Hotly-tipped in plenty of ‘ones to watch’ lists at the start of 2014, George Ezra has already clocked up sold out dates and plaudits galore so far this year. But with his debut album due out this month and a UK tour to come, attention on the young musician is set to go into overdrive. Jon Pritchard meets a songwriter recapturing the art of compelling storytelling.
“So my first stop was in Paris, and I gave Macaulay Culkin a ring, and he was like, ‘yep, come round.’ So I stopped at Macaulay Culkin’s house, but it was only for one night.”
Well there’s a sentence you don’t hear every day. When George Ezra walked into The Village in Moseley to chat to Brum Notes, no one batted an eyelid. Even we didn’t and we were looking for him.
What the people around him didn’t realise is that amongst them was someone who not only has one of the most distinctive voices in the current crop of British musicians, but is also pals with Hollywood stars. Kipping at the Home Alone star’s pad isn’t a bad first stop for a few weeks of travelling around Europe, and it’s also the sort of a story that has got tongues wagging about George Ezra. Aside from his wonderful voice, he has written an album full of beautiful songs, all with superb narrative threads.
But they aren’t all as they seem. Take Budapest for example, his most notable song to date. “I was in Malmö in Sweden and the Eurovision Song Contest was being held in Malmö on that night, and I didn’t have a clue about it but everyone there seemed to be really excited about it and having parties,” he begins.
“But I didn’t know you couldn’t buy alcohol after 10 o’clock at night. So I ended up buying a bottle of like, rum, or something like that from a guy in a park so I could have something to drink at this party. Anyway, I was meant to be getting a train to Budapest the next day, and I never got it because I was too hungover and didn’t fancy it. So I wrote the song about being miles from Budapest.”
For a young lad, he’s got some fantastic tales, but he also has an aura of charm and a sense of being very down to earth. What other 22-year-old man would take his sister on tour with him, for example?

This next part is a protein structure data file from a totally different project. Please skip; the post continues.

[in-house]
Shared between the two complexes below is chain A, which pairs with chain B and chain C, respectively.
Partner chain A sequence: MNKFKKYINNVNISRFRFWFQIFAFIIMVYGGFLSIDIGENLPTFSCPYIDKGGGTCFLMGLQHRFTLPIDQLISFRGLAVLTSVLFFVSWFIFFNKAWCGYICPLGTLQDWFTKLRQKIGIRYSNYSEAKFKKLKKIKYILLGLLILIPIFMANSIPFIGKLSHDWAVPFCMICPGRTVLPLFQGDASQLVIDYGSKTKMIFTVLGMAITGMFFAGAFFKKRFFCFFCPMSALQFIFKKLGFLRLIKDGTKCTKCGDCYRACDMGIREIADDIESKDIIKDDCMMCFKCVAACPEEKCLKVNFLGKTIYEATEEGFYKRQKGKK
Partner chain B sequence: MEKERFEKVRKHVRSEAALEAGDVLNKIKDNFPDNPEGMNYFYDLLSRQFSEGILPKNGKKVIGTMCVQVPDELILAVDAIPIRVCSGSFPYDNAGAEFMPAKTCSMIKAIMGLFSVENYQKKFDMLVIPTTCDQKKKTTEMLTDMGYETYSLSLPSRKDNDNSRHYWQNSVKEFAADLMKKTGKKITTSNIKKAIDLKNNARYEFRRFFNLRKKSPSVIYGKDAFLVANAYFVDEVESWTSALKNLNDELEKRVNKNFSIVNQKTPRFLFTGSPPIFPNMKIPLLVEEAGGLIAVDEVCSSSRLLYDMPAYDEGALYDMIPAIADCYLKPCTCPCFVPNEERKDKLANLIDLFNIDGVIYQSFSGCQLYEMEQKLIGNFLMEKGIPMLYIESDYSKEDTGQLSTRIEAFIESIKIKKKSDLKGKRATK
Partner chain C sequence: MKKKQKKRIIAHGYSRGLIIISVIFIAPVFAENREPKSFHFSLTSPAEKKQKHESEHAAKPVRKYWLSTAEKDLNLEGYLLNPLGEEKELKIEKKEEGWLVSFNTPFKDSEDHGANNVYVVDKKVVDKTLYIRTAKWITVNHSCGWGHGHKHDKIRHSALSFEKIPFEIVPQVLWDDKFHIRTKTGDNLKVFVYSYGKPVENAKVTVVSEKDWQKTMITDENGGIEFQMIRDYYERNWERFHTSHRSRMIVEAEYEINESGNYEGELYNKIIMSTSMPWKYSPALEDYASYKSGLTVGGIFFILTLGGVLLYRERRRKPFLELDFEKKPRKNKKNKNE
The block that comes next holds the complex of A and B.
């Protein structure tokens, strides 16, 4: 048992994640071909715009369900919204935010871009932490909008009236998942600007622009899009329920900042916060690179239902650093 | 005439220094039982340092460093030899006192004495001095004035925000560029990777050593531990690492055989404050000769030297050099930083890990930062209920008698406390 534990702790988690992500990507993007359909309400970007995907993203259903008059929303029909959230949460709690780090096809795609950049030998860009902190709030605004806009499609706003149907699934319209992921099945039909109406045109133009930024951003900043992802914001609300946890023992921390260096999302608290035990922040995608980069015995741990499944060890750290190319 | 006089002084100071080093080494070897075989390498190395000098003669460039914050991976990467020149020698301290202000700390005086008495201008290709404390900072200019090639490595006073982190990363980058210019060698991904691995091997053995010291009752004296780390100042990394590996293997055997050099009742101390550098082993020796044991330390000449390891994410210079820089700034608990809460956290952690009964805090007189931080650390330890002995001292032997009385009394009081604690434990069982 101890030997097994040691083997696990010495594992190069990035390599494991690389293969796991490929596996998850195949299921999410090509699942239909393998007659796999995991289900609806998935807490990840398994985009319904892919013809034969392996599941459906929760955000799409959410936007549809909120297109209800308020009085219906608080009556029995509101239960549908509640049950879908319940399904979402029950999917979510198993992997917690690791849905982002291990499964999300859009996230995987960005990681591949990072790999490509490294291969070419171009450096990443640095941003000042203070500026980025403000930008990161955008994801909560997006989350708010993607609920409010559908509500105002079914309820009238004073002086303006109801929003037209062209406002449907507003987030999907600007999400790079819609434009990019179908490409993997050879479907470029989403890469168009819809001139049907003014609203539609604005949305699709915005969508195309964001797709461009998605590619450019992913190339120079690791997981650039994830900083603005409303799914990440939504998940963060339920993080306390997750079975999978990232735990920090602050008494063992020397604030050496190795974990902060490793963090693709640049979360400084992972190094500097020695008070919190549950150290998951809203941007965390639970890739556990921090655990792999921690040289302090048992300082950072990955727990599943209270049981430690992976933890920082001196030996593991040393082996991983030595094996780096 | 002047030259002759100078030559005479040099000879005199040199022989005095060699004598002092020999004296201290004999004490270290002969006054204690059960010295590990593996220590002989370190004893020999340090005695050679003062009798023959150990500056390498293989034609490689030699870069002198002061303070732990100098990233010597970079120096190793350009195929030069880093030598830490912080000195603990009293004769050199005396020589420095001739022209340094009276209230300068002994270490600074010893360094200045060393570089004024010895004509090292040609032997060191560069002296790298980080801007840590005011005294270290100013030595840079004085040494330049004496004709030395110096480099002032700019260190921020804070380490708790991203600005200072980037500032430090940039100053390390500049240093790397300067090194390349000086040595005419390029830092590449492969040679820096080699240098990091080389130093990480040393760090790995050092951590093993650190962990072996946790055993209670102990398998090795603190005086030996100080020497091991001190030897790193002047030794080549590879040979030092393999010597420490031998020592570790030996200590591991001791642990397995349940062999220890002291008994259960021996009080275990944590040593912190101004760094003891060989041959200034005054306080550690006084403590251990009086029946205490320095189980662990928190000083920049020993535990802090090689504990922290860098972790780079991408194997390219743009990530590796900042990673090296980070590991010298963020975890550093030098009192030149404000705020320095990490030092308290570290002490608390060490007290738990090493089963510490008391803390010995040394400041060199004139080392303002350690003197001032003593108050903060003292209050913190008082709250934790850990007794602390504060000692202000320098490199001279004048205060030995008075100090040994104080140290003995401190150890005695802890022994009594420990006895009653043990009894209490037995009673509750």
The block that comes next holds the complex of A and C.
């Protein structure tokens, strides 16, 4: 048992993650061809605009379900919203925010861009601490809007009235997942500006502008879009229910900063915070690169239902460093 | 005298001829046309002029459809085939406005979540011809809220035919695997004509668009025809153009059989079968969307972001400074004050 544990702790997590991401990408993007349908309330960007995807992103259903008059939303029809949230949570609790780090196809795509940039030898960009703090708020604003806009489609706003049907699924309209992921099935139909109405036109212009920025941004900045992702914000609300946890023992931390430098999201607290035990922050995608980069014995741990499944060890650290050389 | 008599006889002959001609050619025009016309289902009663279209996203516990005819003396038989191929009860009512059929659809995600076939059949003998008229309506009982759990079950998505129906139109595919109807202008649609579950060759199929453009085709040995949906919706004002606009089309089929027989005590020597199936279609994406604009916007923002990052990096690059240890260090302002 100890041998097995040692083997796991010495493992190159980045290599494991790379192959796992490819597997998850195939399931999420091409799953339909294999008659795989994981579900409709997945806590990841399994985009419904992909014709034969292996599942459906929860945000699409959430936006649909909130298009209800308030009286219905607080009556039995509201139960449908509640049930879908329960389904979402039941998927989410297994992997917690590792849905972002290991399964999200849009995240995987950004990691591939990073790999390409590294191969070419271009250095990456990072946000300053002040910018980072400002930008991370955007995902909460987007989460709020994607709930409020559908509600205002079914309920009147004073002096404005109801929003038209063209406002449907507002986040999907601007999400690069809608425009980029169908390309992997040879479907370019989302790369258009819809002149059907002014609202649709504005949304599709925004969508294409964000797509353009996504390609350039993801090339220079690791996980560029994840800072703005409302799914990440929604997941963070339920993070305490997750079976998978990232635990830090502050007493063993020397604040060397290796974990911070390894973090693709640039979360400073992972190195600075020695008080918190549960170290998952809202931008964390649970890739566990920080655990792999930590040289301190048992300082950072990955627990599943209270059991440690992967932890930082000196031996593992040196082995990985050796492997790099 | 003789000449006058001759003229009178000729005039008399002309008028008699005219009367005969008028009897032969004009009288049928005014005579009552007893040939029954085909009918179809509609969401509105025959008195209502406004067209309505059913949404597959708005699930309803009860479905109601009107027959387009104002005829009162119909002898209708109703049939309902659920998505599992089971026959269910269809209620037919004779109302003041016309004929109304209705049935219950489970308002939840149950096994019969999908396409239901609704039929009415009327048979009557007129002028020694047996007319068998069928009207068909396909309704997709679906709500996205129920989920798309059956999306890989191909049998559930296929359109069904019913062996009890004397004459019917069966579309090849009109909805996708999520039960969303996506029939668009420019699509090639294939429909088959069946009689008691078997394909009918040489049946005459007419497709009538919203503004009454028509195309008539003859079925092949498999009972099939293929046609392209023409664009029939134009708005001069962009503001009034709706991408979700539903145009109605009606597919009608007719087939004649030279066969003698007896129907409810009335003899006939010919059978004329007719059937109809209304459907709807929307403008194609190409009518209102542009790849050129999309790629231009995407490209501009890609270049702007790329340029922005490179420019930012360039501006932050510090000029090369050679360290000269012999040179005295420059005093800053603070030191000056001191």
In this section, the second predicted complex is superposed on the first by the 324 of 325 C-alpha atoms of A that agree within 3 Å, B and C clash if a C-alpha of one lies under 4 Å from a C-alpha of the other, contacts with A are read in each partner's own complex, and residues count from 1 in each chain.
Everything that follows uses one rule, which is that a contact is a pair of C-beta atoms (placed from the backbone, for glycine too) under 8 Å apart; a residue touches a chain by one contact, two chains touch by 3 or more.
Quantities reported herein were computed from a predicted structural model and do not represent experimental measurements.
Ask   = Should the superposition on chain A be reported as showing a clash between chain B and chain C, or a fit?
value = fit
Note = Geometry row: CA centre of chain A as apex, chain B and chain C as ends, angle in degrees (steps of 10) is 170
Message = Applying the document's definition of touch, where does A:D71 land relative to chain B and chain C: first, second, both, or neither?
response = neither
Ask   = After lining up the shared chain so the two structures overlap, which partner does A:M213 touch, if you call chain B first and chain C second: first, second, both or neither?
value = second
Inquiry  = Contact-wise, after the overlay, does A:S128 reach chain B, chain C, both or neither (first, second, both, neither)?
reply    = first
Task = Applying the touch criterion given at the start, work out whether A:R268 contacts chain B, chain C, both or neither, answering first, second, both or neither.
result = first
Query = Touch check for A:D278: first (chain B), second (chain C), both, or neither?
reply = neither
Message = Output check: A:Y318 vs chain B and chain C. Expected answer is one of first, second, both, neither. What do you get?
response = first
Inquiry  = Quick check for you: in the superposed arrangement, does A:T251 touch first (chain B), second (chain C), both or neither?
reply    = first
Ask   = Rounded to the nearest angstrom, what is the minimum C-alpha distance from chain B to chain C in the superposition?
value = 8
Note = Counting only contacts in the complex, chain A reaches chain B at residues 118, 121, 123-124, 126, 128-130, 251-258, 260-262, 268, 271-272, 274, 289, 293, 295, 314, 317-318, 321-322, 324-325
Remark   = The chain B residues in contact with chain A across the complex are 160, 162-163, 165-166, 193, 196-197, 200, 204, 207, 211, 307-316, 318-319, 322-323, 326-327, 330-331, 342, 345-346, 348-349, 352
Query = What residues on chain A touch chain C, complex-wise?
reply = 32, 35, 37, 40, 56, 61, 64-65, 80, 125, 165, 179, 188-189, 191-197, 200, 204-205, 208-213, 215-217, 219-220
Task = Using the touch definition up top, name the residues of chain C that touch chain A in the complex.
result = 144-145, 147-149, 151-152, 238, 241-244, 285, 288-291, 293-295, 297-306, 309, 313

“It’s a deliberate thing, because we get on really well,” he explains. “I did it for me. I used to do a lot of touring on trains on my own and this time I thought, ‘this is a long stint, I ain’t been home since…well I don’t know’. But it’s nice because Jess just tells me when to shut up and when to get on with it. It’s nice to have someone who doesn’t believe the hype. She’ll still turn on me and tell me my breath stinks.”
He has been on tour with his mates, but that doesn’t always seem to end very well. We sense another story coming on.
“My mate back home, he’s a scaffolder and he loves Cornwall, and twice I’ve done these tours of Cornwall and said ‘I’ll give you x amount of money’ and we just get on it. The one time we were in St Ives and the guy who owned the pub I was playing gave us the keys and let us stay there.
“The one time we went back with two girls and when they wanted to go home we found out they had locked us in. So we ended up having to envelope these girls through a window so they could go home.”
George has been touring pretty much non-stop since the turn of the year, and he once again shows that he has a wise head on his shoulders when he talks about how he deals with travelling around the country – and Europe – on a bus.
“I’ve actually started to write a journal, even if it’s just a little note of what I have done that day, just to separate the dates.”
While he may sound like he comes from the deep south of America with his deep, soulful vocals, he cites Bob Dylan as one of his biggest influences. “Dylan was what got me into music,” he says. “My Dad played a lot of Dylan at home and I did my own homework and found out who Dylan had listened to, but then also I grew up looking up to my older sister a lot, listening to The Libertines, Vampire Weekend, all these indie bands like Arctic Monkeys as well. From 2005, England just smashed it for bands for like two years.”
With two EPs under his belt so far, Ezra’s own debut album, Wanted on Voyage, is due out at the end of this month. Unsurprisingly, you can feel the influence of those stories and anecdotes collected on his travels.
“The whole album in someway or another comes from that. What was happening before that was I was travelling from Bristol to London every day, same train, same faces, I wasn’t seeing anything awe-inspiring.
“It just needed to happen, I just needed to get up and go. I was feeling pressure on myself from the label – there wasn’t any. All you need to do is do what you were doing before but I felt like I needed to be doing something different. So I took myself away.
“I took my guitar but I didn’t do many gigs at all. I just filled my notebooks up with what I was doing, who I was seeing, and when I got back I left them for about three months. When you go back to them it’s like someone else has handed you the stories, it’s like free words.”
Walking into pubs unnoticed may of course not come so easily to the Bristol-based musician once his album does come out. But we know there’s one thing on your mind – how the hell does a 22-year-old musician from England who doesn’t even have an album out yet become friends with Hollywood upstart Macaulay Culkin?
“I supported Adam Green and Macaulay Culkin was on the whole tour,” Ezra explains. “So I said to him, ‘I’m going to be travelling around Europe’, and he said, ‘I’ve just moved to Paris, here’s my number, hit me up’. I was like, ‘what is going on?’”
George Ezra is live at The Glee Club, Birmingham, on June 16. Tickets have now sold out. His debut album, Wanted On Voyage, is out on June 30 through Columbia Records.
Photo: Andy Hughes